Caritas Offers Docs Athenahealth EMR Option

Caritas Christi Health Care will offer electronic medical record software from Athenahealth to its 1,700 doctors in New England.

Marianne Kolbasuk McGee, Senior Writer, InformationWeek

January 6, 2010

3 Min Read

As healthcare organizations begin the race to meet the federal government's meaningful-use criteria, some are widening the pool of products they'll support to get more providers recording and exchanging patient data electronically.

Caritas Christi Health Care, which operates six hospitals in Massachusetts, said this week it has added Athenahealth's AthenaClinicals to its offering of electronic medical record software used by employed and affiliated physicians.

Through an expanded relationship with Caritas Christi, Athenahealth will provide its AthenaClinicals Web-based EMR to Caritas Christi's network of 500 employed doctors and 1,200 affiliated physicians at negotiated, discounted prices. Caritas Christi's network of employed doctors already uses another Athenahealth product, AnthenaCollector, for billing and revenue management.

The addition of AthenaClinicals is another EMR option available to doctors that Caritas Christi will support for the exchange of patient data, such as labs and other information between physician practices and Caritas Christi's hospitals, says Todd Rothenhaus, Caritas Christi's senior VP and CIO.

Late last year, Caritas Christi said it was launching a three-year $70 million IT initiative to drive e-health record adoption among physicians. The initiative will also create a health information exchange, which includes Microsoft Amalga and HealthVault technologies, to aggregate patient data in disparate systems throughout the hospital network, as well as provide patients with Web-based access to their medical information.

Amalga makes it easier for Caritas Christi to support "more than a single EMR" platform used by doctors, said Rothenhaus.

Caritas Christi, the largest community-based healthcare system in New England, provides care to about 600,000 patients in Massachusetts and Rhode Island. However, 90% of the approximately 1,700 doctors employed or affiliated with Caritas Christi aren't using any e-health record software at all in their practices, said Rothenhaus.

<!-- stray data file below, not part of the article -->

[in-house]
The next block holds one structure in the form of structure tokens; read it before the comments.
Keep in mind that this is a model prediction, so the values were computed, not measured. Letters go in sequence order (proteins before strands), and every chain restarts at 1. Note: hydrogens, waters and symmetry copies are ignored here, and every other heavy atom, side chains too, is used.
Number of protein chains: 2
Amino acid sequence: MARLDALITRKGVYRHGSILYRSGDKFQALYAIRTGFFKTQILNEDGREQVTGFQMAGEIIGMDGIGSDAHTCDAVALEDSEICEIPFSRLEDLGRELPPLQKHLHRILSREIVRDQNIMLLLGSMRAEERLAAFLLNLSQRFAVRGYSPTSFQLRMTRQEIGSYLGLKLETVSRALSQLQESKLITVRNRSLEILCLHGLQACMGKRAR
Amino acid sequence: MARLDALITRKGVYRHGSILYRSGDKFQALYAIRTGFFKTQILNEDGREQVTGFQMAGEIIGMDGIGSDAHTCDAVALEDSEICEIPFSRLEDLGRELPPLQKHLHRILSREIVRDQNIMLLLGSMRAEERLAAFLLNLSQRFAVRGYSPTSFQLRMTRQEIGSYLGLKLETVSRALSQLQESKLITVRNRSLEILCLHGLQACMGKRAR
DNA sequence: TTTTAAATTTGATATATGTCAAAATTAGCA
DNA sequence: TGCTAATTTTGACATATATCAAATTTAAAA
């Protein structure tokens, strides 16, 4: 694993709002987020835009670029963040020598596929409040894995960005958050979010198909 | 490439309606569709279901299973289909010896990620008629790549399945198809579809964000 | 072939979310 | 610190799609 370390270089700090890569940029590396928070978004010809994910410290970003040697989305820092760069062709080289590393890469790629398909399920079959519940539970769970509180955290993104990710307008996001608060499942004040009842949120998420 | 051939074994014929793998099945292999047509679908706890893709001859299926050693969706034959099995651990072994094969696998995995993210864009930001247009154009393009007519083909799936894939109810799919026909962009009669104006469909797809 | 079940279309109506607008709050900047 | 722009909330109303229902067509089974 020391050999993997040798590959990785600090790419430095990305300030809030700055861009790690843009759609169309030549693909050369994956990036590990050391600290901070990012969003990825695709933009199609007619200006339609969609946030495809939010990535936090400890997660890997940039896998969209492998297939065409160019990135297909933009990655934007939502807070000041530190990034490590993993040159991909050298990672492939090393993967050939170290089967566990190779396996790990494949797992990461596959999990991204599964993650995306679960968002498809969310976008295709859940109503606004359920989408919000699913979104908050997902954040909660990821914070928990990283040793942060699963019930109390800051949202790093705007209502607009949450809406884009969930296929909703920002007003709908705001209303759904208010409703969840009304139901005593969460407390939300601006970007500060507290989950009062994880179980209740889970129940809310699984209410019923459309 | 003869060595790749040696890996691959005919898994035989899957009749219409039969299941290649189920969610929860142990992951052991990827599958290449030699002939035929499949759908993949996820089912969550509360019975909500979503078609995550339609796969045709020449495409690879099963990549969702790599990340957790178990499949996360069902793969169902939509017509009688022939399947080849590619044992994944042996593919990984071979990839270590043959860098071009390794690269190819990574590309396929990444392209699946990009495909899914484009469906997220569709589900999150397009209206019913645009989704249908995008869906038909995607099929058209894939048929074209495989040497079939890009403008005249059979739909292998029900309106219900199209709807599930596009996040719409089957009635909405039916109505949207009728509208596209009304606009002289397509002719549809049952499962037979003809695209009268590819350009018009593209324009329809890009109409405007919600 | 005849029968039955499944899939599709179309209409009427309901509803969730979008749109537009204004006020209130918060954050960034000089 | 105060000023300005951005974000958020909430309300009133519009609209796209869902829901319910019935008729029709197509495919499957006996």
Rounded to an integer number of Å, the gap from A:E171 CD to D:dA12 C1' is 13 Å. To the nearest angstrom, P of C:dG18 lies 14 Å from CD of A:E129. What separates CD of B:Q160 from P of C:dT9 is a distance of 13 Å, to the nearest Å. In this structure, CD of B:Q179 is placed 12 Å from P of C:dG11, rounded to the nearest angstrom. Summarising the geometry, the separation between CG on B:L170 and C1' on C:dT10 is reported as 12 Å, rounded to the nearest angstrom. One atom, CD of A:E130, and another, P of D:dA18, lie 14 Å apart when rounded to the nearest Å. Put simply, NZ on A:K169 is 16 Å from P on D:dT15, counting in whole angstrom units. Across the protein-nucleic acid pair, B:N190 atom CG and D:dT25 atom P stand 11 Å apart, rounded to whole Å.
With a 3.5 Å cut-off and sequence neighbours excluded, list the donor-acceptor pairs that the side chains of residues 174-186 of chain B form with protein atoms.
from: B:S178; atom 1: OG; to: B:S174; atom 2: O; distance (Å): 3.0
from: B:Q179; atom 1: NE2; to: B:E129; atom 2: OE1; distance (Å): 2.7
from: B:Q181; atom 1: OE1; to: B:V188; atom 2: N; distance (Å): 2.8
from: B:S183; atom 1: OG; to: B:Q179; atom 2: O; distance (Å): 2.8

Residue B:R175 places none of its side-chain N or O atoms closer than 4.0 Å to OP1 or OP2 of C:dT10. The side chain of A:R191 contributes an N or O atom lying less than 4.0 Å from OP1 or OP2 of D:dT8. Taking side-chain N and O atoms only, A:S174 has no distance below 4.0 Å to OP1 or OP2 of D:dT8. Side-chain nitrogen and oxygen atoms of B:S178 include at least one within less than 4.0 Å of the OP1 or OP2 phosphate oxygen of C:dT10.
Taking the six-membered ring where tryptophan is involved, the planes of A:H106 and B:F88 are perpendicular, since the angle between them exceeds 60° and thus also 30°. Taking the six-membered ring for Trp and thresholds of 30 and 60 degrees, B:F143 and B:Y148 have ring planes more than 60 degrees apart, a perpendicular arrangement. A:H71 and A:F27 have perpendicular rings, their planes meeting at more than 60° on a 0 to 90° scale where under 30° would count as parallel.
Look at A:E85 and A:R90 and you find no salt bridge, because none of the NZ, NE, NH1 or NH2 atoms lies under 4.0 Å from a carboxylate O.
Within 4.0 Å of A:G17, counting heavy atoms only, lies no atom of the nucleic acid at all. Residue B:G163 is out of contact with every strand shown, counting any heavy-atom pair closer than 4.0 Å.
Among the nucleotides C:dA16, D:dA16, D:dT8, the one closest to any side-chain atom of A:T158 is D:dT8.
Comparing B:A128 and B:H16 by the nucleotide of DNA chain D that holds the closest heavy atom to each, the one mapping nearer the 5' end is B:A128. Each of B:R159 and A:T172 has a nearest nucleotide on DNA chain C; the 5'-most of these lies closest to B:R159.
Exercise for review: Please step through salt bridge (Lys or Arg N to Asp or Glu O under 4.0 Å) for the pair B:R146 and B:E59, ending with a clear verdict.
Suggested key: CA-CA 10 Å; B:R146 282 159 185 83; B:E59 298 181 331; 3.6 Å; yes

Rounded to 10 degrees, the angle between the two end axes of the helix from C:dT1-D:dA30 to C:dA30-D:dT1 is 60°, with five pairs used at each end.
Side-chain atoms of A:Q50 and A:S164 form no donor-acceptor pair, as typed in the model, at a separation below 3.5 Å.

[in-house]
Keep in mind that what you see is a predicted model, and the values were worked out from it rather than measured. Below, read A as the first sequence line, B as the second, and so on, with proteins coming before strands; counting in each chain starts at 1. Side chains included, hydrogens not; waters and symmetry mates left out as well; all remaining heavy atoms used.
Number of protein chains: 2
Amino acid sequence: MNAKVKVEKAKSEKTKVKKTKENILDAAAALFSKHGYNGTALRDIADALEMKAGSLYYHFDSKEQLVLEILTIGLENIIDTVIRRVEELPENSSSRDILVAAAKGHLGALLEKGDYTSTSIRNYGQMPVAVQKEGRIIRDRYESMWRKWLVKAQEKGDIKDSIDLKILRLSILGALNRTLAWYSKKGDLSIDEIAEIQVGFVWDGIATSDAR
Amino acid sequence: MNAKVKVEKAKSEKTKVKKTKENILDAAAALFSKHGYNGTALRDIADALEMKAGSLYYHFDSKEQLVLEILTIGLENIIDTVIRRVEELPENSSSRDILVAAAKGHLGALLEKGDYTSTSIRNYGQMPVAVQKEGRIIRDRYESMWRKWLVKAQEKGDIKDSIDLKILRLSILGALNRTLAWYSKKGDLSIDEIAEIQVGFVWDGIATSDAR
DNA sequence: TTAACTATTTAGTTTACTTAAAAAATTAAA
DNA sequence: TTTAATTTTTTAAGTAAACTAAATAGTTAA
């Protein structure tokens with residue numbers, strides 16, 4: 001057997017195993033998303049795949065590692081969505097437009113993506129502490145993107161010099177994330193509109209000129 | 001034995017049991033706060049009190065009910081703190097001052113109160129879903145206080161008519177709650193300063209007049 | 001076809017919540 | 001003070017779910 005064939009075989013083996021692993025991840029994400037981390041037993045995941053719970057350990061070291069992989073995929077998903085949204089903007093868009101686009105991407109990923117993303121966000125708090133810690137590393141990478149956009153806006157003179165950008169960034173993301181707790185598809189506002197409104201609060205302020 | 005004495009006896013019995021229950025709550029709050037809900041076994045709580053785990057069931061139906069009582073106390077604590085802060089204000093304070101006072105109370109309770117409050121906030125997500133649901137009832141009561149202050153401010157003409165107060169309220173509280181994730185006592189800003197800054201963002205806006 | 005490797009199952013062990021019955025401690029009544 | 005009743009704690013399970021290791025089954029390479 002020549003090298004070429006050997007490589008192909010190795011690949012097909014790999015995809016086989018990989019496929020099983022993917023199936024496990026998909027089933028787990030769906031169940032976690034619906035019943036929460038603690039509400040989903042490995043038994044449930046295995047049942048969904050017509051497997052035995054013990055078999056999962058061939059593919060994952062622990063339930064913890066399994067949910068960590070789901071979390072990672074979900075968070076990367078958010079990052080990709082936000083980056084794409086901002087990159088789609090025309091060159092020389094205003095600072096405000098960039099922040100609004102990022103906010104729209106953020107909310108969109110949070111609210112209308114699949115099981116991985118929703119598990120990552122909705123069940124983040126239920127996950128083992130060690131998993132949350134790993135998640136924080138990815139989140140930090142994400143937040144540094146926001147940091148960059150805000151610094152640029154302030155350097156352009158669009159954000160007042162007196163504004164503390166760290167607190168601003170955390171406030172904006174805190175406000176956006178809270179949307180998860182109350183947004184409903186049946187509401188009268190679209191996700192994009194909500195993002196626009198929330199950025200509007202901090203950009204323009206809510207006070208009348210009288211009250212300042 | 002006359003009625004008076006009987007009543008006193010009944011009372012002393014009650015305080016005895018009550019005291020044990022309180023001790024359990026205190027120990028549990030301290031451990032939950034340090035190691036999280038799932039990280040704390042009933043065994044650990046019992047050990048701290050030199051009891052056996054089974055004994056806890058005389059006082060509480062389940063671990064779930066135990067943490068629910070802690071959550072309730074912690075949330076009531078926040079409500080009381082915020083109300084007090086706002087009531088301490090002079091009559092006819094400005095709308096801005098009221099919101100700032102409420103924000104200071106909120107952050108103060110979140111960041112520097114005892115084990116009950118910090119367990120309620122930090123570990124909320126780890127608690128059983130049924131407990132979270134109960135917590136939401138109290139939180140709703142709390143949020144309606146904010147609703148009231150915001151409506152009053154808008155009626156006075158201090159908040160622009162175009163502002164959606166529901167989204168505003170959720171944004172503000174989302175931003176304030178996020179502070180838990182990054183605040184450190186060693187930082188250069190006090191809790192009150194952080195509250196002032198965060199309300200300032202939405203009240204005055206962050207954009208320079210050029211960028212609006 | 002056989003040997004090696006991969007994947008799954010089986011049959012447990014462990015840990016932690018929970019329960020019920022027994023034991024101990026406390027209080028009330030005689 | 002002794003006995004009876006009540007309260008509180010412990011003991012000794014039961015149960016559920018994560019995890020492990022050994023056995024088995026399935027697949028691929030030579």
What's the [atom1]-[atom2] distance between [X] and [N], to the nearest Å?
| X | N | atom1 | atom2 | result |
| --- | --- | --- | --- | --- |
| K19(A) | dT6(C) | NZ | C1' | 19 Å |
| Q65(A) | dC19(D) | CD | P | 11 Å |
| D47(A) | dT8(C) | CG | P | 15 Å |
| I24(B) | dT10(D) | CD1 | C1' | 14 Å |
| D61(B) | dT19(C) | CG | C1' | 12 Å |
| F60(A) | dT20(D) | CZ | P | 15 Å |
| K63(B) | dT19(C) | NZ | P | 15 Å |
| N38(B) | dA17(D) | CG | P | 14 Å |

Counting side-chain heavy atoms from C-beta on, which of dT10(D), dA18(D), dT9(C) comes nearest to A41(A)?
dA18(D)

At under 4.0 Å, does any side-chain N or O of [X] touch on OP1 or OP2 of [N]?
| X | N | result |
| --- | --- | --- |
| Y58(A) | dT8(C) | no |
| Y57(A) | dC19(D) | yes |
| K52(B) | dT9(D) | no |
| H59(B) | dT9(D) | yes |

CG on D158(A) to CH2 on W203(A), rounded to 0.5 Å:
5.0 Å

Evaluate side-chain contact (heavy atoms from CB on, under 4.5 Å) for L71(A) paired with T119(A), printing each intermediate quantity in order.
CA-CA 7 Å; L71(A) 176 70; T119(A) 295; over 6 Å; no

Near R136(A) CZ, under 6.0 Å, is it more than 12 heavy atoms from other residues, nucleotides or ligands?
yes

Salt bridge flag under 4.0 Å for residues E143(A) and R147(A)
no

Of those Caritas Christi doctors who have deployed e-health record systems in their practices, some are already using AthenaClinicals or other EMR packages of their choosing, including software from NexGen and GE, he said. However, the biggest concentration of Caritas Christi doctors who are using e-health record systems have implemented eClinicalWorks. That's in large part because many of those doctors received the software several years ago for free as part of a $50 million e-health pilot program funded by Blue Cross Blue Shield of Massachusetts.

Under that program, doctors in three Massachusetts communities -- including those in the Brockton, Mass. area, a city south of Boston -- were provided with free eClinicalWorks systems and services for their practices.

Brockton is also home to Caritas Christi's Good Samaritan Medical Center, helping to explain the high adoption rate of e-health records among Caritas Christi employed and affiliated doctors in that region of Massachusetts, Rothenhaus said. As for Good Samaritan, the hospital is Caritas Christi's most IT-advanced facility, said Rothenhaus.

"Brockton is our biggest success so far," he said.

Good Samaritan recently rolled out a new computerized physician order-entry system and the hospital itself is a Healthcare Information and Management Systems Society stage-six user of EMRs, out of seven stages, meaning the facility is currently considered an advanced user of e-health records compared with the vast majority of hospitals in the U.S.

However, the meaningful-use criteria set out by the U.S. Department of Health and Human Services last week proposes that hospitals by 2015 will need to have a majority of clinicians using EMR systems at stages six and seven -- including using these systems to improve care coordination and public health populations -- in order to meet stimulus reward requirements.

About the Author(s)

Marianne Kolbasuk McGee

Senior Writer, InformationWeek

Marianne Kolbasuk McGee is a former editor for InformationWeek.

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